Medical Technology at Fredonia
Want your work and career to change the world? Fredonia’s Medical Technology program prepares you for laboratory and biomedical work that could treat or even cure disease. You will gain practical experience in your final year as you complete a clinical rotation in a NAACLS accredited hospital program. Fredonia is affiliated with three regional clinical programs at UPMC Chautauqua, Rochester General Hospital, and Saint Vincent Hospital. Fredonia's medical technology program is also accredited by the American Medical Association Council on Health Education (AMACHE). Unlike many medical technology programs, students graduating from Fredonia are eligible for NYS Department of Education licensure.
The Fredonia Difference
You will study three years at Fredonia and spend one year in an accredited clinical hospital program in Rochester, Jamestown, or Erie, Pa. Entrance to the clinical program is highly competitive and based on a minimum 3.0 GPA and letters of recommendation. The clinical year consists of study in a hospital laboratory where students are supervised and instructed by medical technologists and physicians. After successful completion of the internship, students receive clinical certification from the hospital, 30 university credits, and a bachelor’s degree.
- Hospital laboratory scientist
- Biomedical research scientist
- Forensic laboratory technician
- Pharmaceutical industry scientist
- Pharmaceutical sales representative
- Medical instrumentation sales representative
- Computer corporation sales representative
It's Different Here
Fredonia Medical Technology students pass the Board of Registry Examination on first attempt (national rate is only 83%).
Full-year clinical internship
Students intern at one hospital for their entire senior year and become very well established in one setting, better preparing students for their careers.
average starting salary
Graduates are being hired with only a bachelor's degree required. Many receive sign-on bonuses up to $10,000!
“One of the best parts of my education is the way the Fredonia Biology faculty went out of their way to make sure I had the optimal educational experience needed to become a successful scientist."
Lindsey is a Medical Technologist in the Microarray CGH Laboratory at the University of Rochester Medical CenterLindsey A. Wittmeyer B.S. Medical Technology Class of 2012
Why Medical Technology at Fredonia?
Fredonia students receive multiple job offers 3 months before graduation, and have made a decision before Commencement.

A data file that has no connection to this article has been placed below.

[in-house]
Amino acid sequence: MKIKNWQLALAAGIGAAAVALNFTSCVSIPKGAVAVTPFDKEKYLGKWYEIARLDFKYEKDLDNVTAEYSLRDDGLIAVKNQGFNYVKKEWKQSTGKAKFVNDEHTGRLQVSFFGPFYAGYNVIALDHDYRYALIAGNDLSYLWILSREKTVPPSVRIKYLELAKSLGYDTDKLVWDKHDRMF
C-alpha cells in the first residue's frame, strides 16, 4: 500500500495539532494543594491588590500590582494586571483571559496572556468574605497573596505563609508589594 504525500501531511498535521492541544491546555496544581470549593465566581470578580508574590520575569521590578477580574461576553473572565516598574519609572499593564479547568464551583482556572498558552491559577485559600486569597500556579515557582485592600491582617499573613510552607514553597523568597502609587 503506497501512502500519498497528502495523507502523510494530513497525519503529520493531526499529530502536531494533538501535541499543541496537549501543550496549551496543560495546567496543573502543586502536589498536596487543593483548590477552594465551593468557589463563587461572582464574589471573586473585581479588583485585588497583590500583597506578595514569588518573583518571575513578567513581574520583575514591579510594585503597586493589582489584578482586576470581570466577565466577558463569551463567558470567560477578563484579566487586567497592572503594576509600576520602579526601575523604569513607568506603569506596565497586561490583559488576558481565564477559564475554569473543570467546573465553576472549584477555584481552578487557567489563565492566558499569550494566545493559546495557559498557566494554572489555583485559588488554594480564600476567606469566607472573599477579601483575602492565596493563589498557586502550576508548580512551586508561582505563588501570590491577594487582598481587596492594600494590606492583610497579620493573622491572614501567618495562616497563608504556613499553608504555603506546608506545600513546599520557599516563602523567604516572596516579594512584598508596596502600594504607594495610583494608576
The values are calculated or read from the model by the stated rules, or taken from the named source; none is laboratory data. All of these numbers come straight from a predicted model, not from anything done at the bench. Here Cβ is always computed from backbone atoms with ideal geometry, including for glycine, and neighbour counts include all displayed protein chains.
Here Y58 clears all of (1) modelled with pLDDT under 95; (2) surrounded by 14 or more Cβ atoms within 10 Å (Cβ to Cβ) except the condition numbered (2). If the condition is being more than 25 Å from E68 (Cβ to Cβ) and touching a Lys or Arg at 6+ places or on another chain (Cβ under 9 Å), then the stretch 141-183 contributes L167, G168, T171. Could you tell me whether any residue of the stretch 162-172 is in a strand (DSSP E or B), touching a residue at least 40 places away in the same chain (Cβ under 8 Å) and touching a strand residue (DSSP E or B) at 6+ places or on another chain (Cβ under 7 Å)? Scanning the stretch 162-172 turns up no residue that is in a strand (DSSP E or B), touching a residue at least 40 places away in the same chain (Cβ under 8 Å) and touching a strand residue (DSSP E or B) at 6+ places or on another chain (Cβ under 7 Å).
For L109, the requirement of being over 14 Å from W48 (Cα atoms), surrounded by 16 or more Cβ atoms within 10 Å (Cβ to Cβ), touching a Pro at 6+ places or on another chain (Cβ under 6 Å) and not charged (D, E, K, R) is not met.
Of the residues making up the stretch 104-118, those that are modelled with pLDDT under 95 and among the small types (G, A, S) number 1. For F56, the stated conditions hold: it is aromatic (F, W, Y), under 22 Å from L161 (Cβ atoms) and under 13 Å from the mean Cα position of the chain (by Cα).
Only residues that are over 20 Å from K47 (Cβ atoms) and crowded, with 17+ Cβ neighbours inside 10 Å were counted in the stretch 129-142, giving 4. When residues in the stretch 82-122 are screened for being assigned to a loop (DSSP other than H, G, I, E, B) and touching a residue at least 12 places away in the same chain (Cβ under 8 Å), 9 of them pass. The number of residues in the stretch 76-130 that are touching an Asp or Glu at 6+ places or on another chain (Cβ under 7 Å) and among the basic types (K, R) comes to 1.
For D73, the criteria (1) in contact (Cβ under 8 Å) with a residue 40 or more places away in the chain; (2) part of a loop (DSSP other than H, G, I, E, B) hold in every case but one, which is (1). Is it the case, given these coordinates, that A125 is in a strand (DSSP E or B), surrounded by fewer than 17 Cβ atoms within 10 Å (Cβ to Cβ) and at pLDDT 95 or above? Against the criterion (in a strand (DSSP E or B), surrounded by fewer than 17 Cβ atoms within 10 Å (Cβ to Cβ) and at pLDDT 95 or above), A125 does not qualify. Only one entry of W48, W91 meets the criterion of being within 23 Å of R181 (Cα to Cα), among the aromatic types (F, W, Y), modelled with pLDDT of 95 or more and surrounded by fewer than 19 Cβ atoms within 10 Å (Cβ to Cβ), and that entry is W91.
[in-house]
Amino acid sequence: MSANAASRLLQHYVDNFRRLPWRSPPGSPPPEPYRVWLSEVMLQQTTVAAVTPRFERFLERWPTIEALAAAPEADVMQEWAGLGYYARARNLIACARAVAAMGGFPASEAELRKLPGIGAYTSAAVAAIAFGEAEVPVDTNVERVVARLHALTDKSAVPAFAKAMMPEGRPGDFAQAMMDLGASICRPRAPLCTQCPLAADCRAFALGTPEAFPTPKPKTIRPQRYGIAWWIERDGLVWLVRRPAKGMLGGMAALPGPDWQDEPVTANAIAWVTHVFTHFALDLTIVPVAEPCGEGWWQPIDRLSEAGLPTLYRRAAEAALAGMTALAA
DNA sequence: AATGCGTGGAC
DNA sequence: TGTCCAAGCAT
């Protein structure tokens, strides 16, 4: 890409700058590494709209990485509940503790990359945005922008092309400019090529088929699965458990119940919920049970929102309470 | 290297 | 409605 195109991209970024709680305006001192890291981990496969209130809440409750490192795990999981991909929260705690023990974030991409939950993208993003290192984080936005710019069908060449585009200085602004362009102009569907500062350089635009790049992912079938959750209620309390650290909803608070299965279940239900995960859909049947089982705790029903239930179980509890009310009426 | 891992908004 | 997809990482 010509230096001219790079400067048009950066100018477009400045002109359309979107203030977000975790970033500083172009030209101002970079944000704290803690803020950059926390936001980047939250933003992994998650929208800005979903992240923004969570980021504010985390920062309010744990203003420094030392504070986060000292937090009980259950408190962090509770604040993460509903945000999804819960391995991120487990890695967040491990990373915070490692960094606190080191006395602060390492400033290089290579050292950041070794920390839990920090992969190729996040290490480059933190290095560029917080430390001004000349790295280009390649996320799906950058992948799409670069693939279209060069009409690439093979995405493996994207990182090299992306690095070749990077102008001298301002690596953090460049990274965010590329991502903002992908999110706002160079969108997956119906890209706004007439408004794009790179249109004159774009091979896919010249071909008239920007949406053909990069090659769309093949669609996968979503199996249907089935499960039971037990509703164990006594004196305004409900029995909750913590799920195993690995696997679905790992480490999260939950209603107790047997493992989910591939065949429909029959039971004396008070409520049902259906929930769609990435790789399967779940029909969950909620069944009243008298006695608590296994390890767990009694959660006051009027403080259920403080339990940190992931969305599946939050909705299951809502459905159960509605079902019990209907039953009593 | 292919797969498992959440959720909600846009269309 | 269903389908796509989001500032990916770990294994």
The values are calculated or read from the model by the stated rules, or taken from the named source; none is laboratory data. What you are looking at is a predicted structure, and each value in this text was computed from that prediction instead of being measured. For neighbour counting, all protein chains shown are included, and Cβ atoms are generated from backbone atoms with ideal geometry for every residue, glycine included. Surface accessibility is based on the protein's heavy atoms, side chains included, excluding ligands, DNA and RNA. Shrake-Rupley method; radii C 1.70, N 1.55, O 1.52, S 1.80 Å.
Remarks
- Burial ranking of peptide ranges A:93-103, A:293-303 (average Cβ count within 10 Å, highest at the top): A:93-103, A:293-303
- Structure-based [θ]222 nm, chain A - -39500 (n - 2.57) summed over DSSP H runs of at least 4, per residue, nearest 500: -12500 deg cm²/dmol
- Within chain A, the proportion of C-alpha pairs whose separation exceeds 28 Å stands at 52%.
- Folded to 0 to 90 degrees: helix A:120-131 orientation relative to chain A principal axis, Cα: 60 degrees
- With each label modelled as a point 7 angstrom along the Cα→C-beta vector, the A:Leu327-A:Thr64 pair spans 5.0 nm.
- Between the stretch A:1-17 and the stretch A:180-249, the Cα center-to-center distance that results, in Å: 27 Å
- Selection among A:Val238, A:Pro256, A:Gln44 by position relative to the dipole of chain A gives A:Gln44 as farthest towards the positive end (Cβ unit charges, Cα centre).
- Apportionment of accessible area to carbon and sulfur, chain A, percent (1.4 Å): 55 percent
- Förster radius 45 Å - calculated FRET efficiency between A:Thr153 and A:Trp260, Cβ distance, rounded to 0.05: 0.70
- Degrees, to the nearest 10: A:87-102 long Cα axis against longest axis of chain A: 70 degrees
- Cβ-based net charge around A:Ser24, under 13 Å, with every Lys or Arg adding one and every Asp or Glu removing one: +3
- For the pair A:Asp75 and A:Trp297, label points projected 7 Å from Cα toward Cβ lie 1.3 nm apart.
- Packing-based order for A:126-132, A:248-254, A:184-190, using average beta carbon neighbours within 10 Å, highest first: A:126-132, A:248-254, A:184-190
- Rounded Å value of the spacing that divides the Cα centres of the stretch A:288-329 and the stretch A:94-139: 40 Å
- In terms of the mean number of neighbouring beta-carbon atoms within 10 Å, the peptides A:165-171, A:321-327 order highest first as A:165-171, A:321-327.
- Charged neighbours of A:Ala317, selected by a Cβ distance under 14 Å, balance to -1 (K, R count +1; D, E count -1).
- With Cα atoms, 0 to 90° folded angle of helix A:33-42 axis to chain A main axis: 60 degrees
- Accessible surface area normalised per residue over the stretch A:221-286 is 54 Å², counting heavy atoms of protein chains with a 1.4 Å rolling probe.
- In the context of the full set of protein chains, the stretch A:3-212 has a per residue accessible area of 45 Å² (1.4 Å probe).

Along with expected courses in Microbiology, Anatomy & Physiology, Fredonia offers unique courses that most other college Med Tech programs don't, like Immunology, Hematology, Parasitology, and Introduction to Clinical Sciences.
High quality education
Faculty come from world-renowned universities; they teach the same courses at Fredonia taught at those institutions.
BIOL 245 Human Anatomy and Physiology I
From discussions of concepts of physiological control and levels of organization, this course concentrates on the components of the musculoskeletal system, the integument and an extensive description and analysis of neural and endocrine systems of control.
BIOL 338 Microbiology
The course includes a basic study of microbial taxonomy, morphology, biochemistry, and reproduction. Great emphasis is placed on medical microbiology, infectious diseases, microbial genetic regulation, and the application of microorganisms in recombinant gene technology.
BIOL 453 Basic Hematology
Introduction to the study of blood, its cellular components, and various blood diseases. Laboratory exercises include a variety of manual techniques involved with blood cell counts and determinations.
Medical Technology in the news
Students can get an inside track on research projects, upper-level course electives and other learning opportunities in the Department of Biology at an informal gathering on Friday, Feb. 18.
Senior Samantha Reed, who has majors in Molecular Genetics and Medical Technology, is a co-author, along with Department of Biology Assistant Professor Nicholas Quintyne, of “Keep Calm and Carry on with Extra Centrosomes,” a review article published in the online journal Cancers 2022.
SUNY Fredonia student scientists were hard at work during the summer on projects with faculty.